where *ρ* > 0 is the intertemporal discount rate. Defining \(Q(t)\equiv \frac {p(t)}{q(t)}\), equations (71) and (72) can be condensed in a unique equation for the dynamics of ratio *Q*(*t*),

Equation (74) might be further simplified by resorting to (70), i.e.,

Further insights require specifying functional forms for the production functions. Consider a Cobb-Douglas production function for the goods sector and a linear production function for the human capital sector. The second is already displayed in (34). The first one is

Under (34) and (76), we rewrite equation (75) as

and optimality condition (70) becomes,

From (78) one draws the following relation between growth rates,

Replacing (77), (32), and (33), into (79 ), an equation of motion for the optimal allocation of human capital across sectors is obtained, which is the equation in rule (35) for *x* < 0.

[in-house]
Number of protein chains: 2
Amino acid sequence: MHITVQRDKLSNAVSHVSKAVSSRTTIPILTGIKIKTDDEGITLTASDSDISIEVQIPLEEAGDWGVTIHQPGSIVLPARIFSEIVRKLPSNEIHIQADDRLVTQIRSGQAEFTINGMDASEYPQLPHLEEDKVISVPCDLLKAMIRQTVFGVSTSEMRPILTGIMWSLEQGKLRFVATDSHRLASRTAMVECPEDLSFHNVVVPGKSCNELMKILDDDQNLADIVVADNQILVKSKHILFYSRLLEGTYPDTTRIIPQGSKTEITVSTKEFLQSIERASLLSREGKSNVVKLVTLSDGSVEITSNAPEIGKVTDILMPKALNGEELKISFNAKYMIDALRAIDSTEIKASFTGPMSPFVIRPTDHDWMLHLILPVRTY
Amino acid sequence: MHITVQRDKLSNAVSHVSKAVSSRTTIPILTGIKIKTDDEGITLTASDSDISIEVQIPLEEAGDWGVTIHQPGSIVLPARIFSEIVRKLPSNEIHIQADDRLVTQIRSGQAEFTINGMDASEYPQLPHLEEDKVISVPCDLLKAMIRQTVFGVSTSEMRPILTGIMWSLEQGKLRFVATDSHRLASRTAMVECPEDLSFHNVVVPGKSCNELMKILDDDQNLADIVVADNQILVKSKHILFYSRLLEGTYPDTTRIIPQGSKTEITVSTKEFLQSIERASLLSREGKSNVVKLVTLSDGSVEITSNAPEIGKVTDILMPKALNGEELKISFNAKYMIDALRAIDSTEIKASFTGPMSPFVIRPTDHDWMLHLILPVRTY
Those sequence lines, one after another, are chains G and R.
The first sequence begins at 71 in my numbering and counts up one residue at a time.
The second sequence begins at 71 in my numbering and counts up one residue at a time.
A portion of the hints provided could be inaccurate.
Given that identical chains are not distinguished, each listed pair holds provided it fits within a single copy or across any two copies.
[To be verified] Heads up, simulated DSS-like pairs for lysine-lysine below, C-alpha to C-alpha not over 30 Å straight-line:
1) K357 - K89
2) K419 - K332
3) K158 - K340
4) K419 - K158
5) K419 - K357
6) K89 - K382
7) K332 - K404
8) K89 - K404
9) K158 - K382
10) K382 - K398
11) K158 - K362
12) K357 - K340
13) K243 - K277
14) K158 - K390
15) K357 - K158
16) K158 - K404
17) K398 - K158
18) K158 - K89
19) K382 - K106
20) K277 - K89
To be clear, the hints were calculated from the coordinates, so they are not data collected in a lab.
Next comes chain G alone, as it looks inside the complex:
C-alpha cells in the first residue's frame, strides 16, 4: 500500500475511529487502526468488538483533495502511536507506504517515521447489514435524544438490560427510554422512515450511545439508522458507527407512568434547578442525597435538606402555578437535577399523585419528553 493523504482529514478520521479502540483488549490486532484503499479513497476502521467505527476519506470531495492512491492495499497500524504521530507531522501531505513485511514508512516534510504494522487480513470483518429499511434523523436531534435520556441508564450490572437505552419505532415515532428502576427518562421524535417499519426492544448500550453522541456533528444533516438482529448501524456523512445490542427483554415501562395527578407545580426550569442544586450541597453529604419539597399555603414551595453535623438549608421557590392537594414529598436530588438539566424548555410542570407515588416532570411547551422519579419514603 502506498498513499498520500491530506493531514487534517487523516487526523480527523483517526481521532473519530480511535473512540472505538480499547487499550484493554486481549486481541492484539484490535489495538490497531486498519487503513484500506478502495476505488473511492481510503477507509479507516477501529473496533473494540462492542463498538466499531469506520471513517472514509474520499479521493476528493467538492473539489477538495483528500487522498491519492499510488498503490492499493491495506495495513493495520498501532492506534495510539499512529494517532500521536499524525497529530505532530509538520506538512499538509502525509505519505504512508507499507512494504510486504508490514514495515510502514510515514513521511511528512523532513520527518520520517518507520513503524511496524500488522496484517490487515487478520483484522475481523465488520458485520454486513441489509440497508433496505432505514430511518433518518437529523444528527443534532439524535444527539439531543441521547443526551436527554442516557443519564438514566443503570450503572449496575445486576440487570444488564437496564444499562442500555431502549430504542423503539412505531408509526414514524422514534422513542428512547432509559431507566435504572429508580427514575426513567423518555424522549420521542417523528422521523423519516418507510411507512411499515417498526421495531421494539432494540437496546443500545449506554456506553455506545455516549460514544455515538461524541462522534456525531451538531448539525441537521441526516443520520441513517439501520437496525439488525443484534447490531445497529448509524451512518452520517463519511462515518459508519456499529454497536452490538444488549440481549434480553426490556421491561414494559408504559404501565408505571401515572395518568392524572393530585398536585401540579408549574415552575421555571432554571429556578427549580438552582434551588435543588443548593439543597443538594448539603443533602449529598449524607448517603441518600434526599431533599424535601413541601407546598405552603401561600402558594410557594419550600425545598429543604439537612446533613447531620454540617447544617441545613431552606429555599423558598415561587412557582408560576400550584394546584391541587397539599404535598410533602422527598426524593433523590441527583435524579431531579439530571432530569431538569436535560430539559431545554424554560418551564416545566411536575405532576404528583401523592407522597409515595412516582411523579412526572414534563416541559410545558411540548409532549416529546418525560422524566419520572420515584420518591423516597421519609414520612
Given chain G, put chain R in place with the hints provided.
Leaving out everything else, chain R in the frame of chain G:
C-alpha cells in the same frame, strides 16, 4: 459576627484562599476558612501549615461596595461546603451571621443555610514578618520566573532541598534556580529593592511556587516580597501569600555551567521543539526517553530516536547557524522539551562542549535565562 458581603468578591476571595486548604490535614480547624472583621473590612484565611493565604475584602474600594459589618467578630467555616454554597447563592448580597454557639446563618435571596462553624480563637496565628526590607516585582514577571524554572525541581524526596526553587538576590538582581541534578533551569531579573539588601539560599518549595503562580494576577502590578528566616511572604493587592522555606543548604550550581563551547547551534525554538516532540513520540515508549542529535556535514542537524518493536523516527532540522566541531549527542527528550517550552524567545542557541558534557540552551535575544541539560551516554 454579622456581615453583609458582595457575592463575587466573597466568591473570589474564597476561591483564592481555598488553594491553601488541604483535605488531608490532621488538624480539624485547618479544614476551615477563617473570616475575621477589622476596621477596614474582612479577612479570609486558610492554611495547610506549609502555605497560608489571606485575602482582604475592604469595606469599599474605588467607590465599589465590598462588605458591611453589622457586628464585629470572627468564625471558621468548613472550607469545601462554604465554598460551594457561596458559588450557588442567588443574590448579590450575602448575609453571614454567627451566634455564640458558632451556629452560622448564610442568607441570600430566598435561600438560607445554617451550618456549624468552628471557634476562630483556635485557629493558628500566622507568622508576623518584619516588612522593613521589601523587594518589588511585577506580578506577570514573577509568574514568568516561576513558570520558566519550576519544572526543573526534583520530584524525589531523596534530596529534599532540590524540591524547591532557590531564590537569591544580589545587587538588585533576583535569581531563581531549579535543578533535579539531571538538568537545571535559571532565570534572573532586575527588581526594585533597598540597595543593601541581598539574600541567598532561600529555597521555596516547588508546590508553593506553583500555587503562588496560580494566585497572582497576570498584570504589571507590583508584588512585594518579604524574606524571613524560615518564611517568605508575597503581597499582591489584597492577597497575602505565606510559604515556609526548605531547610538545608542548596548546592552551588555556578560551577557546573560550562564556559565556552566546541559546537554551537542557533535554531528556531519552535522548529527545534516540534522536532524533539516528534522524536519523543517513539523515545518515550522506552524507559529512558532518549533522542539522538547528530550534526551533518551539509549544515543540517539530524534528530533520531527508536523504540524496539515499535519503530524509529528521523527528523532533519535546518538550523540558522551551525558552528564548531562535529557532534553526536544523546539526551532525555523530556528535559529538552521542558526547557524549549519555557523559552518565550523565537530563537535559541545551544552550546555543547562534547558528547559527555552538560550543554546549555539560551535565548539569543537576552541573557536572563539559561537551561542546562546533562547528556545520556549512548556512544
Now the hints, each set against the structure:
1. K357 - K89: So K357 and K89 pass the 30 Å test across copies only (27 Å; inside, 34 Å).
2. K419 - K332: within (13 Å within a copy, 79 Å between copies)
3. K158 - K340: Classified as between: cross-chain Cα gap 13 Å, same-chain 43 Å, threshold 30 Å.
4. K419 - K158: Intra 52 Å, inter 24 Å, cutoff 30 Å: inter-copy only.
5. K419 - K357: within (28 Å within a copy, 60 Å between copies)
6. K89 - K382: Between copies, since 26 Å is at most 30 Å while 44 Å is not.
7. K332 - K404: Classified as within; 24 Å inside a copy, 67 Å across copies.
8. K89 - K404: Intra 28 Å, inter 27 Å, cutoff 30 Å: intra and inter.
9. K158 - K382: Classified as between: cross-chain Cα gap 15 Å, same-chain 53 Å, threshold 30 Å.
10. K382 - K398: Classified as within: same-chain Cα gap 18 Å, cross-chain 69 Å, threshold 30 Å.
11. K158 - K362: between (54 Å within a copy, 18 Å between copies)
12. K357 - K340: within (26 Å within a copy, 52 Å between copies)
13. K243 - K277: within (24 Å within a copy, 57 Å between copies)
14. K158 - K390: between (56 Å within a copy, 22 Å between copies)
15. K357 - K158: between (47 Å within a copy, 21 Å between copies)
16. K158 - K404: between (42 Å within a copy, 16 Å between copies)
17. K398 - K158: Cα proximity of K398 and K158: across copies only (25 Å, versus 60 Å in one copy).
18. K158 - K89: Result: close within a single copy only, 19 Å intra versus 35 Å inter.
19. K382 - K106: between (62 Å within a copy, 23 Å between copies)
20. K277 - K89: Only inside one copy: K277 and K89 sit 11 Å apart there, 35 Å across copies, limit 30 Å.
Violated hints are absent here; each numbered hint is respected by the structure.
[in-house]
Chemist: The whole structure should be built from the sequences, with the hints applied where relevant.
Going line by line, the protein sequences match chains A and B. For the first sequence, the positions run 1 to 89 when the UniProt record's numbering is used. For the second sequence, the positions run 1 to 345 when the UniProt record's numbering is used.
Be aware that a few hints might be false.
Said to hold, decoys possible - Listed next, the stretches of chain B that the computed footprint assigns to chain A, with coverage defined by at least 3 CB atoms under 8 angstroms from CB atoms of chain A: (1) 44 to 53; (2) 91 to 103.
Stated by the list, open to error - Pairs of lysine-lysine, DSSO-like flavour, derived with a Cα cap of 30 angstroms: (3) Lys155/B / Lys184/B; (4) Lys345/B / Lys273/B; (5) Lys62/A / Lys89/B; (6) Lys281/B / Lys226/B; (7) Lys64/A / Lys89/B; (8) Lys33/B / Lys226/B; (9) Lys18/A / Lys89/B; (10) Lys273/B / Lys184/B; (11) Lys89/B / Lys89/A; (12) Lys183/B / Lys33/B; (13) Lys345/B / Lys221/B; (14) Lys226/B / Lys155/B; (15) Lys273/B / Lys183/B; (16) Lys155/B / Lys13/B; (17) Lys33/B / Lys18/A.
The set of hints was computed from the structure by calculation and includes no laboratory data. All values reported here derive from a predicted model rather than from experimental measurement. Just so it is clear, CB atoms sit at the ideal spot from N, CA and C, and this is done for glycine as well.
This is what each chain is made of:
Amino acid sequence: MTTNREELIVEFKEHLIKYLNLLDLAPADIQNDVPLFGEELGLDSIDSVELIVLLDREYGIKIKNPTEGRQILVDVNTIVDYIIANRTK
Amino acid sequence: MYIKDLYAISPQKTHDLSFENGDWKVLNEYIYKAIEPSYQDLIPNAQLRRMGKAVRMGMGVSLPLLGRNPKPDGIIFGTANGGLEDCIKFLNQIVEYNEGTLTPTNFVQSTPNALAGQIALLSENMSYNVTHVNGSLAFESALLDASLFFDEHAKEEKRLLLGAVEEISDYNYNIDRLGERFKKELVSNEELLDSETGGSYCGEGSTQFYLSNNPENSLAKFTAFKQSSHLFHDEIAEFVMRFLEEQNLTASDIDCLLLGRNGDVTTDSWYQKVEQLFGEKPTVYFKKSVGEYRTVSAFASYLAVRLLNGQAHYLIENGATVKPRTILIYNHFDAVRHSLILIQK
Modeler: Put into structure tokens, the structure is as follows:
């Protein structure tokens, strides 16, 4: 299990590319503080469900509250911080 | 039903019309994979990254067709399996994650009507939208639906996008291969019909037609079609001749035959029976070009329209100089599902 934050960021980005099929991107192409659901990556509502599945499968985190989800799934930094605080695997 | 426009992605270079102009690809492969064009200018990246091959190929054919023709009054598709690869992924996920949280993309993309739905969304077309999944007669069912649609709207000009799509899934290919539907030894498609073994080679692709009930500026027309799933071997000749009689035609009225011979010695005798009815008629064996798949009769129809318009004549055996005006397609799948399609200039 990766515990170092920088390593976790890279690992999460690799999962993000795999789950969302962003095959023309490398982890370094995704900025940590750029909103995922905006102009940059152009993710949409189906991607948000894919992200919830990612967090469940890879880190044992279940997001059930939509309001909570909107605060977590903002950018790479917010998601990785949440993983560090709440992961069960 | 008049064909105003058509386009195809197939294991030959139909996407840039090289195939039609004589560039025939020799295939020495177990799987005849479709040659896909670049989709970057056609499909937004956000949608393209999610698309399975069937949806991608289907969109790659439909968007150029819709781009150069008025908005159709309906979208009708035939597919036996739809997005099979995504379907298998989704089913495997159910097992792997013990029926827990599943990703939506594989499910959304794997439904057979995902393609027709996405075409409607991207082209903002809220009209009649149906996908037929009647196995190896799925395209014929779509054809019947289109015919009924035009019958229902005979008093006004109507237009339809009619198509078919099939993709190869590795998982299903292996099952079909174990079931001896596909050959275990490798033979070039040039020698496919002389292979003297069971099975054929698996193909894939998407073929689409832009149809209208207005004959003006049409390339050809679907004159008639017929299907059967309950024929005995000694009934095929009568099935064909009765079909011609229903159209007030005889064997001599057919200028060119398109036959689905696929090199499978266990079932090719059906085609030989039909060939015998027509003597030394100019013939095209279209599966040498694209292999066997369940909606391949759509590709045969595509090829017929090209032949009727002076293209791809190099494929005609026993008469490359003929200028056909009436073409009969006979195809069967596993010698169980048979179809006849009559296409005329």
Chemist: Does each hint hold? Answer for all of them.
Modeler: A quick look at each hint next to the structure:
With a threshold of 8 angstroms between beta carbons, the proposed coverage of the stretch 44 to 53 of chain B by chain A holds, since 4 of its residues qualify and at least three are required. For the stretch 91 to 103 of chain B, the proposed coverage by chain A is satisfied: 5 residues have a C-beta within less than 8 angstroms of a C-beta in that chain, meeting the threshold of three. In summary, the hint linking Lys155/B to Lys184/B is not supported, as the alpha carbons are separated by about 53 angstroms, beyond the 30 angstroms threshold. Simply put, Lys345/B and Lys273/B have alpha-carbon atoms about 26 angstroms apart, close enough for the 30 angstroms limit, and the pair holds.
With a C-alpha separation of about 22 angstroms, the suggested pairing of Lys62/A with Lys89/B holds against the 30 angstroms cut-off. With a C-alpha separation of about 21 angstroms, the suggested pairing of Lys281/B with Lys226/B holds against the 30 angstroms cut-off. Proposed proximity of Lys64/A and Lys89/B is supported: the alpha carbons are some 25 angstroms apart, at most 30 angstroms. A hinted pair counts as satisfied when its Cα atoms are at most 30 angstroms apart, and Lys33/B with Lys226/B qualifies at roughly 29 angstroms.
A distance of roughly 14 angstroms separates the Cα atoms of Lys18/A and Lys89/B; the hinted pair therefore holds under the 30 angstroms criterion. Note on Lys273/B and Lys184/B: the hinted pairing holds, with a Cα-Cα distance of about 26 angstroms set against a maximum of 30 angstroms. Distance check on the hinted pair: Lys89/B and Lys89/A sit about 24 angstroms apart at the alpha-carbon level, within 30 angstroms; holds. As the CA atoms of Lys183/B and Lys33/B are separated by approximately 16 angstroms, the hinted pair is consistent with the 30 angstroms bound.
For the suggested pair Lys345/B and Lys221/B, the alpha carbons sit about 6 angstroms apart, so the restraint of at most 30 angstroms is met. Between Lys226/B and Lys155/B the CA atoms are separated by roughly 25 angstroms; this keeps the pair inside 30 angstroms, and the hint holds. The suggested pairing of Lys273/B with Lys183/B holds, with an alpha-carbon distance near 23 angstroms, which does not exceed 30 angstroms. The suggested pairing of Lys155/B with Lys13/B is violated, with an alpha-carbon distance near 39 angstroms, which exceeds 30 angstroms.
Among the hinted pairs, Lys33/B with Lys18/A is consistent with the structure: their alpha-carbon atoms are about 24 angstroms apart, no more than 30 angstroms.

### Appendix E: Proof of Proposition 4

Under systems (38) or (39), it is straightforward to notice that the ratio Ω(*t*) declines towards zero with the passage of time. This observation implies that variables income and consumption will both converge to a steady-state of complete exhaustion, as mentioned in the proposition.

Only system (40) involves no trivial dynamics. For this system, we can compute steady-state values and analyze transitional dynamics in the vicinity of the steady-state, given a Cobb-Douglas technology. Straightforward algebra allows for calculating the steady-state value of the human capital share allocated to the goods sector. To derive such result, just consider \(\overset {\text {{\Large .}}}{\Omega }(t)=\overset {\text { {\Large .}}}{u}(t)=0\),